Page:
“…Precisely because things were as they were….”
The tanner's woman stopped and looked over her shoulder. But there was only silence, the orange mist of sunrise, and the awakening birds in their nests. It's okay, she told herself.
“… Things are as they are….”
When she returned, she saw her son, the Fool, already sitting at the table helping to prepare breakfast.
“Already awake?” she said, hiding the tremors from her shoulders and her hands.
“Yes,” said the Fool, “I want to help.”
“That's good,” said Mother.
The Fool put the cutlery on the table for her husband and all his brothers and sisters.
“I want to help the weaver's wife.”
Mother froze and said angrily: “And why would you help her after she saw you….”
She couldn't even finish her sentence because of the shame.
“After she chased us all away?” she finished her sentence.
The Fool moved closer to her and grabbed her shoulder softly.
“Because if she sees me helping her find what she has lost, even if we had nothing to do with it, then she will definitely want to make things right with us. With you. Then you two can be friends again.”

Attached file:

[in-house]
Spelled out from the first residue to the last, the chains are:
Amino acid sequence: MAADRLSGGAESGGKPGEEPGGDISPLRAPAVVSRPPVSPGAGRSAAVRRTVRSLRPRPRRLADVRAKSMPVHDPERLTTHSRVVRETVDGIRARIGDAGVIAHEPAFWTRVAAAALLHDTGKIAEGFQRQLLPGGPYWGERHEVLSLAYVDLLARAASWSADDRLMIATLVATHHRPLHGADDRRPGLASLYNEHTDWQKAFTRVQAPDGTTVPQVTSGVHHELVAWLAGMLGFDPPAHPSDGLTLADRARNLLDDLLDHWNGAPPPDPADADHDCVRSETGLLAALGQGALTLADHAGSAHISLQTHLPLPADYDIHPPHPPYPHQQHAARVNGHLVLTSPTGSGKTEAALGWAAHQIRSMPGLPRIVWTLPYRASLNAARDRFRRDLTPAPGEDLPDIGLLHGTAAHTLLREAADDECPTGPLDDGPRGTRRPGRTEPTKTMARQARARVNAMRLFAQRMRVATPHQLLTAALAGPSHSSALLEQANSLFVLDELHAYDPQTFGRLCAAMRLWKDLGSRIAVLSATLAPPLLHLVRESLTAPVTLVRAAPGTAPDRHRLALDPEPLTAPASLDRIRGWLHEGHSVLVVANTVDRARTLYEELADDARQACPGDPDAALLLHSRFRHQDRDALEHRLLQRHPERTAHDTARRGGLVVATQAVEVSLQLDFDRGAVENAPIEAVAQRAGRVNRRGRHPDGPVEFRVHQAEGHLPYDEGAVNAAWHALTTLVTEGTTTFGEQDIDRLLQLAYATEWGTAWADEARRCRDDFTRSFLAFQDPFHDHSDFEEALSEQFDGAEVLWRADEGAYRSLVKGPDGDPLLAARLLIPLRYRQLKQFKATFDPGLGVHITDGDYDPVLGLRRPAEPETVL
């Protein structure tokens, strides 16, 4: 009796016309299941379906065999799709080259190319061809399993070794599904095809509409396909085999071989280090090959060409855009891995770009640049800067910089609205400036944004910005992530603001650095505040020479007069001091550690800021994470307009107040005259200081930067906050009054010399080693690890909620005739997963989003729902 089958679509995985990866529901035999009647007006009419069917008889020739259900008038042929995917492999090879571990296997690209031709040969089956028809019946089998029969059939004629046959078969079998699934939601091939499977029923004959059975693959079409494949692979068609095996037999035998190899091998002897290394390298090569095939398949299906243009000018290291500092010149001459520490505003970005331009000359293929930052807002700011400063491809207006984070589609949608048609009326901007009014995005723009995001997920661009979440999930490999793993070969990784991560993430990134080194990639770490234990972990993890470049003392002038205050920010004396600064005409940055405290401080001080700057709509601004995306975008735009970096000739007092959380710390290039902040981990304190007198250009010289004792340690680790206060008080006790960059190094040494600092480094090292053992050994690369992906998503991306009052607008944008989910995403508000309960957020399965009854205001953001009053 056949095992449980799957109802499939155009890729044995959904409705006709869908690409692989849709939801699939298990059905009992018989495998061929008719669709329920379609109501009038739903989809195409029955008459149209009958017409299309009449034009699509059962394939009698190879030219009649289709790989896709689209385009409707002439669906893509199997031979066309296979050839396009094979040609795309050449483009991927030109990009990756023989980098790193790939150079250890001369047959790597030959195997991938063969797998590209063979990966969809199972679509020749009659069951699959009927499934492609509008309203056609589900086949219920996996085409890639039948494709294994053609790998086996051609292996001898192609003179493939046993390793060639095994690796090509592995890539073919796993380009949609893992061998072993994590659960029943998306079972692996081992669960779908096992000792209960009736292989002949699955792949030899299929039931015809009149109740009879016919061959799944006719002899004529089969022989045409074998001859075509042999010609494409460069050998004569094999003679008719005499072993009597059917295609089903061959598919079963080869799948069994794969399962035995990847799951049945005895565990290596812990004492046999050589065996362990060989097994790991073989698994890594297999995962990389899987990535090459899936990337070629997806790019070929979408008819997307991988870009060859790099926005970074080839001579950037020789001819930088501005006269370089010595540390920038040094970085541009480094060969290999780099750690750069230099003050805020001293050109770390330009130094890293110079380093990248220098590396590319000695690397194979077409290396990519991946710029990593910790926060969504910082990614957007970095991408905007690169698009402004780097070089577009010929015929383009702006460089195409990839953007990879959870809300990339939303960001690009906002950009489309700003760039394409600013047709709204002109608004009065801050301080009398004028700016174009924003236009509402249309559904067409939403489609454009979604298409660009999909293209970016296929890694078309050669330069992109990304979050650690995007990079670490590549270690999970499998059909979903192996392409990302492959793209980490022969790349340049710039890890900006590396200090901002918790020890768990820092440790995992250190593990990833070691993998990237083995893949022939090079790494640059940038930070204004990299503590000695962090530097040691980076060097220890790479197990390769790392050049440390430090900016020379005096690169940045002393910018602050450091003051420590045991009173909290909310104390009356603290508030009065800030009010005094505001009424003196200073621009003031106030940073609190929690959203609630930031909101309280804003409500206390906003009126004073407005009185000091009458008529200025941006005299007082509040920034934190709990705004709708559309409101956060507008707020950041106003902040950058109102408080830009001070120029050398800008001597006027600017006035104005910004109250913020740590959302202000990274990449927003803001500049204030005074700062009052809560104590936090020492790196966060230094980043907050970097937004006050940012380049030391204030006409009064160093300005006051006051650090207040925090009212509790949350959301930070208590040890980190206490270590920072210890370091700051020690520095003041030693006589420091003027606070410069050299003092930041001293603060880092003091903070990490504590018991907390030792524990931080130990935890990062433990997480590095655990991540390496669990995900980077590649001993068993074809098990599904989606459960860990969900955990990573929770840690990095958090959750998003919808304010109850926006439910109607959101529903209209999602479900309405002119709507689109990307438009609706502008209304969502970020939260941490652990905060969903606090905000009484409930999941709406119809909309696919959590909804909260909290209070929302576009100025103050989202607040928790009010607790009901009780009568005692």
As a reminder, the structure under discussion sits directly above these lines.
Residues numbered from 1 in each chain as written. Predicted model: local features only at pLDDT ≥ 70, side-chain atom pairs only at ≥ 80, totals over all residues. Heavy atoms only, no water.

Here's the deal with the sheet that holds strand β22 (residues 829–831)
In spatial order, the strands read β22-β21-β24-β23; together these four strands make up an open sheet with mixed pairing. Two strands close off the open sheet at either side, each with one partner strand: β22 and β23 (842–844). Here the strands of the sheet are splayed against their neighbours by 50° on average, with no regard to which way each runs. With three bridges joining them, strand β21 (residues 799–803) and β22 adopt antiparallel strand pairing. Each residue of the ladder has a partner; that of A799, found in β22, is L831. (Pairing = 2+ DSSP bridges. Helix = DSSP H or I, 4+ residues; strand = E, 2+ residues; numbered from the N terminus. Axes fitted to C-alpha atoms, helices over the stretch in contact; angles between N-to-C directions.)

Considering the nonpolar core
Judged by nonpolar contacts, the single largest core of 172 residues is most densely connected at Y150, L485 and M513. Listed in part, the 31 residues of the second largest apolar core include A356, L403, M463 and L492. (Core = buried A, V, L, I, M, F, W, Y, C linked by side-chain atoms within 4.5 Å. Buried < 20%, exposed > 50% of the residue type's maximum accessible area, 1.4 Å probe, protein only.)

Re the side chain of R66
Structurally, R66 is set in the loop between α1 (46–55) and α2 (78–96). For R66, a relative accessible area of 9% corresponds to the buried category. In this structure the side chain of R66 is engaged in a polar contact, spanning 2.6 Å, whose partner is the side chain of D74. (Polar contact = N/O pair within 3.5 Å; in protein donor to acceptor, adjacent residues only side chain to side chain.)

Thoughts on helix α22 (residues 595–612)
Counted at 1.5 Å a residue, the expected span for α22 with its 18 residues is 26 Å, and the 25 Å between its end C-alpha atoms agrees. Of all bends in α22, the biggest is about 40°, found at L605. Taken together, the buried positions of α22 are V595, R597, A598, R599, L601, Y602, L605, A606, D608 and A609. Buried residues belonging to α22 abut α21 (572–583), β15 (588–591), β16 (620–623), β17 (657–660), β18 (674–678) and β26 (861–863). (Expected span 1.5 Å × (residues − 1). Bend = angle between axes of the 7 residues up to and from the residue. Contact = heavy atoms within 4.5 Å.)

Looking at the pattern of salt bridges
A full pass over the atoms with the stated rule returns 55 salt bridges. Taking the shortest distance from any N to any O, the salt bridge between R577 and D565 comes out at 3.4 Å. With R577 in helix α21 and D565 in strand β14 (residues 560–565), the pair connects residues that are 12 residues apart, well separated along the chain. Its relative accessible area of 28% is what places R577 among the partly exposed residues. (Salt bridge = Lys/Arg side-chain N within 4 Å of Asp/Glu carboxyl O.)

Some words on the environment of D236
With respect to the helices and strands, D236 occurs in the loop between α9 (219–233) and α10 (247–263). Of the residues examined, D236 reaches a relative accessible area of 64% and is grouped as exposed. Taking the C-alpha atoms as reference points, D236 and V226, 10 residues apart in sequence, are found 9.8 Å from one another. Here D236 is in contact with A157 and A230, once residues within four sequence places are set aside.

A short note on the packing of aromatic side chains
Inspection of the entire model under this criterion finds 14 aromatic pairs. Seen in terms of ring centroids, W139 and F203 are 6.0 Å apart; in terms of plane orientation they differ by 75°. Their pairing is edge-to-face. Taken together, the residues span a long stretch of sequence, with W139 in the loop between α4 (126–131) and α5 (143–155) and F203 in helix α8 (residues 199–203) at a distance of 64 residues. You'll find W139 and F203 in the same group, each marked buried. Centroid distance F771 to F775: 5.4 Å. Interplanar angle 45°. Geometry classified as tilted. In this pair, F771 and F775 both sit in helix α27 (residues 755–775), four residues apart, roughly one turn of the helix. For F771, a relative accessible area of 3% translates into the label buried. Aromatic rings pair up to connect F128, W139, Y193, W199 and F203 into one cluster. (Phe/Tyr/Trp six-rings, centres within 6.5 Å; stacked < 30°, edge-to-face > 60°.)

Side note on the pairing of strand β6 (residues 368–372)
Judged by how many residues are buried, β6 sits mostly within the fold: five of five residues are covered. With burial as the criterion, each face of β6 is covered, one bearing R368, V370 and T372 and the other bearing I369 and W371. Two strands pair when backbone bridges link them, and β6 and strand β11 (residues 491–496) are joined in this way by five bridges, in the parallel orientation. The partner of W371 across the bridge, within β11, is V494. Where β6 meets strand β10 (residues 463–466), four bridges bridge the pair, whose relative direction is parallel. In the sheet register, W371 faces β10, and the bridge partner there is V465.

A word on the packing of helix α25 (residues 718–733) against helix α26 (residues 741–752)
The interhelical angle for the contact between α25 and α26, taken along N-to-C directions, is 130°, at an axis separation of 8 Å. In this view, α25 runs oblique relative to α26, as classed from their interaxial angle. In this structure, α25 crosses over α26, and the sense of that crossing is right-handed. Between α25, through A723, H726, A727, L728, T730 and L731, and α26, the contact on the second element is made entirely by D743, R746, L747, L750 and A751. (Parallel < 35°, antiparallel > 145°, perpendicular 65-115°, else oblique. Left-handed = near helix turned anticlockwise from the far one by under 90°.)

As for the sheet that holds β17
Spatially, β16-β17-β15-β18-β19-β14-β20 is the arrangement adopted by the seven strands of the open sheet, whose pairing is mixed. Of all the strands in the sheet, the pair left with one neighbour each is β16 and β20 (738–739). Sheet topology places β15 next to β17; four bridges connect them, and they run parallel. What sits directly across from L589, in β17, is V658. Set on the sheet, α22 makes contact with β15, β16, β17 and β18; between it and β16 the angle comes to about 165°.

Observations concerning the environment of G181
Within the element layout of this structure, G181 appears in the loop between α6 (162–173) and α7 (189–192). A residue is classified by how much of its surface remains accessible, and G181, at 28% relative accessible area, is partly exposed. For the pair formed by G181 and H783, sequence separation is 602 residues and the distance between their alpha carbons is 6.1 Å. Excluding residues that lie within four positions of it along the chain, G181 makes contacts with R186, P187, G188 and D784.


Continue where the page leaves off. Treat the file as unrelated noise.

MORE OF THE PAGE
The tanner's wife looked proudly at her son and embraced him.
“That's a noble thought, son,” she said. “But how on earth are you going to find a witch that no one has ever seen?”
“That I don't know,” said the Fool.
At that moment, she heard the whispering voices over her shoulder again:
“… Precisely because things were as they were….”
With a jolt, she looked back over her shoulder and out the window. In the now proudly shining morning sun, she saw a commotion in the distance on the village square.
“What’s that all about?” said the Fool.
“It looks like…” the Mother whispered. “It looks like… a prince on a white horse?”